Ann Harris makes Aliyah

Ann in Mfuleni at an Afrika Tikkun Xmas party

By Mickey Glass

When I first met Ann Harris about 35 years ago, it was abundantly clear that she was not coming to South Africa merely to serve as a partner to Chief Rabbi Cyril Harris, who had accepted an invitation from the Jewish community to serve as its Chief Rabbi.

It was apparent that she was very much her own person, that she was to make her own unique contribution, not only to our community, but to the ambient society as a whole. 

Ann possesses independence of thought and ability, and a willingness to confront issues of all kind. Over the years she has spent countless hours counselling and guiding people from all walks of life, from all faiths, and they continued to flock to her because of her experience and her empathy. 

Ann is extremely practical and realistic, and we all know that she tells it as it is. In his book For Heaven’s Sake, Chief Rabbi Harris told the story of how Ann took one look at his first salary cheque as a Rabbi, and immediately decided to re-enter the legal world, rising eventually to become a full partner in a prestigious London practice.  Suffice it to say, her relationship with her husband gave meaning to the Talmudic dictum, ‘Let a man be careful to honour his wife, for to her alone he owes the blessings of his house’.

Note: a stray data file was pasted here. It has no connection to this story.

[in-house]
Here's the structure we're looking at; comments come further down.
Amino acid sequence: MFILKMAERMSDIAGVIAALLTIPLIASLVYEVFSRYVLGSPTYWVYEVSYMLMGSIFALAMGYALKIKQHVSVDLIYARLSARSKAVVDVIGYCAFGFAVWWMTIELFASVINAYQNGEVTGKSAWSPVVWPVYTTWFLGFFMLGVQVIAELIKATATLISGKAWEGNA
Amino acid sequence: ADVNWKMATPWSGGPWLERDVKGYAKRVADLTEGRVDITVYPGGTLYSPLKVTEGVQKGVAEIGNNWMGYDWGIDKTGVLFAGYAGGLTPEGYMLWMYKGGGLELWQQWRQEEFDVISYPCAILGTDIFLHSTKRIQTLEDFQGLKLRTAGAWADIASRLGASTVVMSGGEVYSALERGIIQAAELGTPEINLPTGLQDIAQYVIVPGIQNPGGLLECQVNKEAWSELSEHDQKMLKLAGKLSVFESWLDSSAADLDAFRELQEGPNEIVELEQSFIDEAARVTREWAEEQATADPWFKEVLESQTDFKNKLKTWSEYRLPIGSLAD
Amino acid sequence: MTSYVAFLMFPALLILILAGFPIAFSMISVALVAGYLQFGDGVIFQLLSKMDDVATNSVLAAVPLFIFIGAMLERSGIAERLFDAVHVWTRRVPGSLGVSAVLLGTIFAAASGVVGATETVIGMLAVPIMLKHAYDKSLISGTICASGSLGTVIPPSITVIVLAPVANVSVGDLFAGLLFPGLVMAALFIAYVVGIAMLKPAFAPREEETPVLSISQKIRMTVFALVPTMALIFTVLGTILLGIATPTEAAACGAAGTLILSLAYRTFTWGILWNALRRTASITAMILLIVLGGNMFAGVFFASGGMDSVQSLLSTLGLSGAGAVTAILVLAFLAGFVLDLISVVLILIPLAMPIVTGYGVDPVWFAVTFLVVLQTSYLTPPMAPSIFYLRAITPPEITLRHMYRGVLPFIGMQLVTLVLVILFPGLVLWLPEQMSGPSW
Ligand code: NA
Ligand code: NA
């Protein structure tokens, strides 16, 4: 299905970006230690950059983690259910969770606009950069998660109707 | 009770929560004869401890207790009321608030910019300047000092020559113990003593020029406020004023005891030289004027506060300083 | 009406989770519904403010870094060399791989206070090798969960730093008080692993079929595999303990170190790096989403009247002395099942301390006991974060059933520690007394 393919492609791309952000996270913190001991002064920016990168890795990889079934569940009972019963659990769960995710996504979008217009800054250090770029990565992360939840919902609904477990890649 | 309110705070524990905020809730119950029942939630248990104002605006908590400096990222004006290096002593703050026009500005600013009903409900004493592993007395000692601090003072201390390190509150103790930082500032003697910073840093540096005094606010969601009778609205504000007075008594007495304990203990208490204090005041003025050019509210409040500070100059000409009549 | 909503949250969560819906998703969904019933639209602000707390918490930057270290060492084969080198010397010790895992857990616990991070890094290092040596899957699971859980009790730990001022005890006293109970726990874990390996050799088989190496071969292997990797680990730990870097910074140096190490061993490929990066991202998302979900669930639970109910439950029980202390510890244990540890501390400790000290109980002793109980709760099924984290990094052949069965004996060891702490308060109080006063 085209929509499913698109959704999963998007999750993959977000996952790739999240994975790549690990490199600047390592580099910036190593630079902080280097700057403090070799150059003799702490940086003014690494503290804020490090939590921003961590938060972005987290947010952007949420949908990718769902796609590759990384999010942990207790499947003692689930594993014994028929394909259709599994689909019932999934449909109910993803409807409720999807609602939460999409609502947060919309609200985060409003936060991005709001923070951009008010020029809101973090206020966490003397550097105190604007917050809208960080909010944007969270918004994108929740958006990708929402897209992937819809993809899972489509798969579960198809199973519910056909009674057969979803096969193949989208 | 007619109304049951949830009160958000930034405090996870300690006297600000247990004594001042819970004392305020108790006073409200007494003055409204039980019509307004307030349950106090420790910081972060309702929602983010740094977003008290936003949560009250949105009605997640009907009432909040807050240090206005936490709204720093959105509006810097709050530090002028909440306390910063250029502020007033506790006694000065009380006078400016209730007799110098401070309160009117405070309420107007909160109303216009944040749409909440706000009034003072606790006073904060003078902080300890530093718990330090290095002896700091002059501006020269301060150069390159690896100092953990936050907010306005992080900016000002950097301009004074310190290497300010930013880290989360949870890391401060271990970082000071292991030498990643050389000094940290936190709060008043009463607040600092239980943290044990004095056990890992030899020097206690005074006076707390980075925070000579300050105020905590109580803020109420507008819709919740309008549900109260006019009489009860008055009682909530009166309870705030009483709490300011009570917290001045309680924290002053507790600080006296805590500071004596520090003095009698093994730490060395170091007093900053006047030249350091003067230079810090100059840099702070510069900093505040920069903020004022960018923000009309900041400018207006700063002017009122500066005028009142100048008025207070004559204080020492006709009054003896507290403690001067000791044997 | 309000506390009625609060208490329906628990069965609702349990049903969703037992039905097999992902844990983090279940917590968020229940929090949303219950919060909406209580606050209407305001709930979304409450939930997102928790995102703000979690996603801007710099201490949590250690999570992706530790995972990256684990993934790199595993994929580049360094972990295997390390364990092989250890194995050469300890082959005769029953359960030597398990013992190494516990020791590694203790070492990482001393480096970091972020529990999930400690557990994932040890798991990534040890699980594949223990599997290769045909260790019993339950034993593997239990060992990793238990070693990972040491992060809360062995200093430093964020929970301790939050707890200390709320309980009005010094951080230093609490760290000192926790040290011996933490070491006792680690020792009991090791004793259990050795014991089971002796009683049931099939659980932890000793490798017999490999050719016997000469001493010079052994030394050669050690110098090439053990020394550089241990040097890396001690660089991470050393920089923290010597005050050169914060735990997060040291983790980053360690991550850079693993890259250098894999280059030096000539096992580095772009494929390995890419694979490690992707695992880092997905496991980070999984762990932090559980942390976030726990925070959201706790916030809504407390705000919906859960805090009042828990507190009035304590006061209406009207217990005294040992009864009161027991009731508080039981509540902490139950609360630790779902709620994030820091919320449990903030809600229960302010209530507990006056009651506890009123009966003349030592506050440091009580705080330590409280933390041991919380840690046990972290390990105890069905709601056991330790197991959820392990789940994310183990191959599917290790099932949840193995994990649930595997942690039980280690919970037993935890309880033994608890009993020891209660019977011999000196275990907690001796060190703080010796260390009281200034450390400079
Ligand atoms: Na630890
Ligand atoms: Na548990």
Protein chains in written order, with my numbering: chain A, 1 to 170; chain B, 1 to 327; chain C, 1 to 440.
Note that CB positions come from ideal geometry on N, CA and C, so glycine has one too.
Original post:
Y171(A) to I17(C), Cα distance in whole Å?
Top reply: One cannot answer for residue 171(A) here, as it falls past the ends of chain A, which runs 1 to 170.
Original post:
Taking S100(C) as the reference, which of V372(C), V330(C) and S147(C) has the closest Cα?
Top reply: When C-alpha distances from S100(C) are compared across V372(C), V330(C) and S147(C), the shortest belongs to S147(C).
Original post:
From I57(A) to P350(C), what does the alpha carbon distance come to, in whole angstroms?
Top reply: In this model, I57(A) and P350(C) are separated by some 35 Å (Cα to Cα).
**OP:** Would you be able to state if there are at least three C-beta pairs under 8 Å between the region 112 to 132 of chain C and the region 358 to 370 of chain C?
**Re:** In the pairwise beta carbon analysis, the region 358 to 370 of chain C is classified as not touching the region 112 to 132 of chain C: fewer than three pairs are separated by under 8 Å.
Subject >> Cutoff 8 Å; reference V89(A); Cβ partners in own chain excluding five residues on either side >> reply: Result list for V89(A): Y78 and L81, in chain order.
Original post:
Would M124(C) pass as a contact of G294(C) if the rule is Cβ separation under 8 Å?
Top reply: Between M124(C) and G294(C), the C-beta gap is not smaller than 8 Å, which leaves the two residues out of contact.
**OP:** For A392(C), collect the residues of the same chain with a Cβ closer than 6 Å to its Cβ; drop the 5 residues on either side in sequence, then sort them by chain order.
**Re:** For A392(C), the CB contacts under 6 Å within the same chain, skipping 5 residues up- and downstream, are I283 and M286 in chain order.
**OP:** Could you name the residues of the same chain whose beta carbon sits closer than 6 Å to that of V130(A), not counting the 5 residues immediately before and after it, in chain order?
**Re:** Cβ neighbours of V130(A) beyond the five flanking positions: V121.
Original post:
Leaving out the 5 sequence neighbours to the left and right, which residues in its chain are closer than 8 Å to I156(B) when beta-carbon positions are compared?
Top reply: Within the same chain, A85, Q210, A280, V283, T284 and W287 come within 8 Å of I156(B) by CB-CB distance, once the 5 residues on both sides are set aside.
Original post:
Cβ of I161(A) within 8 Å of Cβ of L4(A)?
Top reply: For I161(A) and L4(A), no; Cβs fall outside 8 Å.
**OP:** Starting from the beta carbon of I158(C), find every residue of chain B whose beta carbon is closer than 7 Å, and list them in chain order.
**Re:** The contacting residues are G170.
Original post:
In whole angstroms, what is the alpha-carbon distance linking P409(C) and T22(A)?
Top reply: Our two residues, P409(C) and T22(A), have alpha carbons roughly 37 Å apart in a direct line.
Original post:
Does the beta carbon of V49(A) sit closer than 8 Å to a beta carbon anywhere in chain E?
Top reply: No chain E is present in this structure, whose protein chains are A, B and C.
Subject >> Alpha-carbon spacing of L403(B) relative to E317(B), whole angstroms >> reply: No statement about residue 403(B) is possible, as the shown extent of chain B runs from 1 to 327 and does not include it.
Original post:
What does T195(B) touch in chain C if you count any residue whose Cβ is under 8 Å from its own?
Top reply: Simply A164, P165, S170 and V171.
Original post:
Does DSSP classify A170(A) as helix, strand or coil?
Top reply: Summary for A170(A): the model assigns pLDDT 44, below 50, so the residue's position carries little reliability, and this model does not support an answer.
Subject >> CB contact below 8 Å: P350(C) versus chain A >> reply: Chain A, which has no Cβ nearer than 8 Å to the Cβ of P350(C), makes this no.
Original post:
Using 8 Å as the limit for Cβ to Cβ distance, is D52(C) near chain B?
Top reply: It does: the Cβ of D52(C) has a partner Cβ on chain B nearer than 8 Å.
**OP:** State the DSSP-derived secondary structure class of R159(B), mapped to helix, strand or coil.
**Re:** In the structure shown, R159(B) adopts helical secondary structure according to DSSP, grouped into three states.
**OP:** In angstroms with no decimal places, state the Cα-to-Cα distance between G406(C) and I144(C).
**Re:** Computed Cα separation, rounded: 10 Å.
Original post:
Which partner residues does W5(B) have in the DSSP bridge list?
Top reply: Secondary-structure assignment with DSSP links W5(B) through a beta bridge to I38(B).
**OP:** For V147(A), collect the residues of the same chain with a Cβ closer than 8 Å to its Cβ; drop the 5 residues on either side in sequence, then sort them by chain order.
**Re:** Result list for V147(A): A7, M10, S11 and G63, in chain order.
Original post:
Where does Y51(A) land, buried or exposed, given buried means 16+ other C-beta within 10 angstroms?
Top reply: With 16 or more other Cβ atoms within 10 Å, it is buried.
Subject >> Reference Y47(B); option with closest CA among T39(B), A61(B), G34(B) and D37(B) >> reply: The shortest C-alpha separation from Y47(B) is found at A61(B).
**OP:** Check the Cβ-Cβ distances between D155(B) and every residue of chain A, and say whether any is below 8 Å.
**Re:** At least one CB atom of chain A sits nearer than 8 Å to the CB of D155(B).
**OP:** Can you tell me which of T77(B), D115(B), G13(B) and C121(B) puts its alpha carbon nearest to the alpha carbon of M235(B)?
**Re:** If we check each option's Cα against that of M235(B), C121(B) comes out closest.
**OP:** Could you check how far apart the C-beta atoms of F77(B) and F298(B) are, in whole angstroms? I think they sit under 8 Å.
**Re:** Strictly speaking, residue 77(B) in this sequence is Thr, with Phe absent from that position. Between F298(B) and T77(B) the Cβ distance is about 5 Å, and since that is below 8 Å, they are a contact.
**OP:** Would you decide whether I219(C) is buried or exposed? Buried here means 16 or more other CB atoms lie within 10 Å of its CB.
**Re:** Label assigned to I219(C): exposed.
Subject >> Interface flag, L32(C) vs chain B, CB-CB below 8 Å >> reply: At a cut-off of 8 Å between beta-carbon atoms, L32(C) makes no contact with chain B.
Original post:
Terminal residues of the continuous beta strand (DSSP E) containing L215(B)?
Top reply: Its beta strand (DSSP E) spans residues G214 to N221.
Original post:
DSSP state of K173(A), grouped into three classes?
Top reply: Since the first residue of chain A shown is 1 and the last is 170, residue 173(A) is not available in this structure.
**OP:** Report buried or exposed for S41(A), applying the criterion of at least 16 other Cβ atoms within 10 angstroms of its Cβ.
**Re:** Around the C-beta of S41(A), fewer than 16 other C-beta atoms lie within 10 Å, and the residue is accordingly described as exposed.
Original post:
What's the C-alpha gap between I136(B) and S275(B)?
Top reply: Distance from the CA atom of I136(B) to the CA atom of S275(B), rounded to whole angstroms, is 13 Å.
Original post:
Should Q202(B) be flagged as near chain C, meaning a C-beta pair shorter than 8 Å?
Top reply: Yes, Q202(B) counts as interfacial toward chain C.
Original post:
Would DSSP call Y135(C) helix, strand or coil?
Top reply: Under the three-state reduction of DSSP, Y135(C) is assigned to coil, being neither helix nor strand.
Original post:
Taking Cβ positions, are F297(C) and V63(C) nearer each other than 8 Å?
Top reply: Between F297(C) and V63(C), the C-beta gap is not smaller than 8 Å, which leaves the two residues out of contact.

Chief Rabbi Harris has been correctly described as the right person at the right time. Many of his achievements were the result of a partnership — Ann and Cyril Harris both had the capacity to see the whole picture; and we are fortunate that they were here to guide our anxious community to embrace and contribute tangibly to the birth of a new South Africa. South African Jewry owes much of its current confidence and vitality to their ministry. 

Whilst the Chief Rabbi and Bertie Lubner conceived Afrika Tikkun, it was Ann who fleshed out the vision. She served as the first Operations Director, in a purely voluntary capacity, and it was her personality, energy and passionate commitment to Jewish values that enabled her to lay the firm foundations on which an impressive and successful organisation has been built.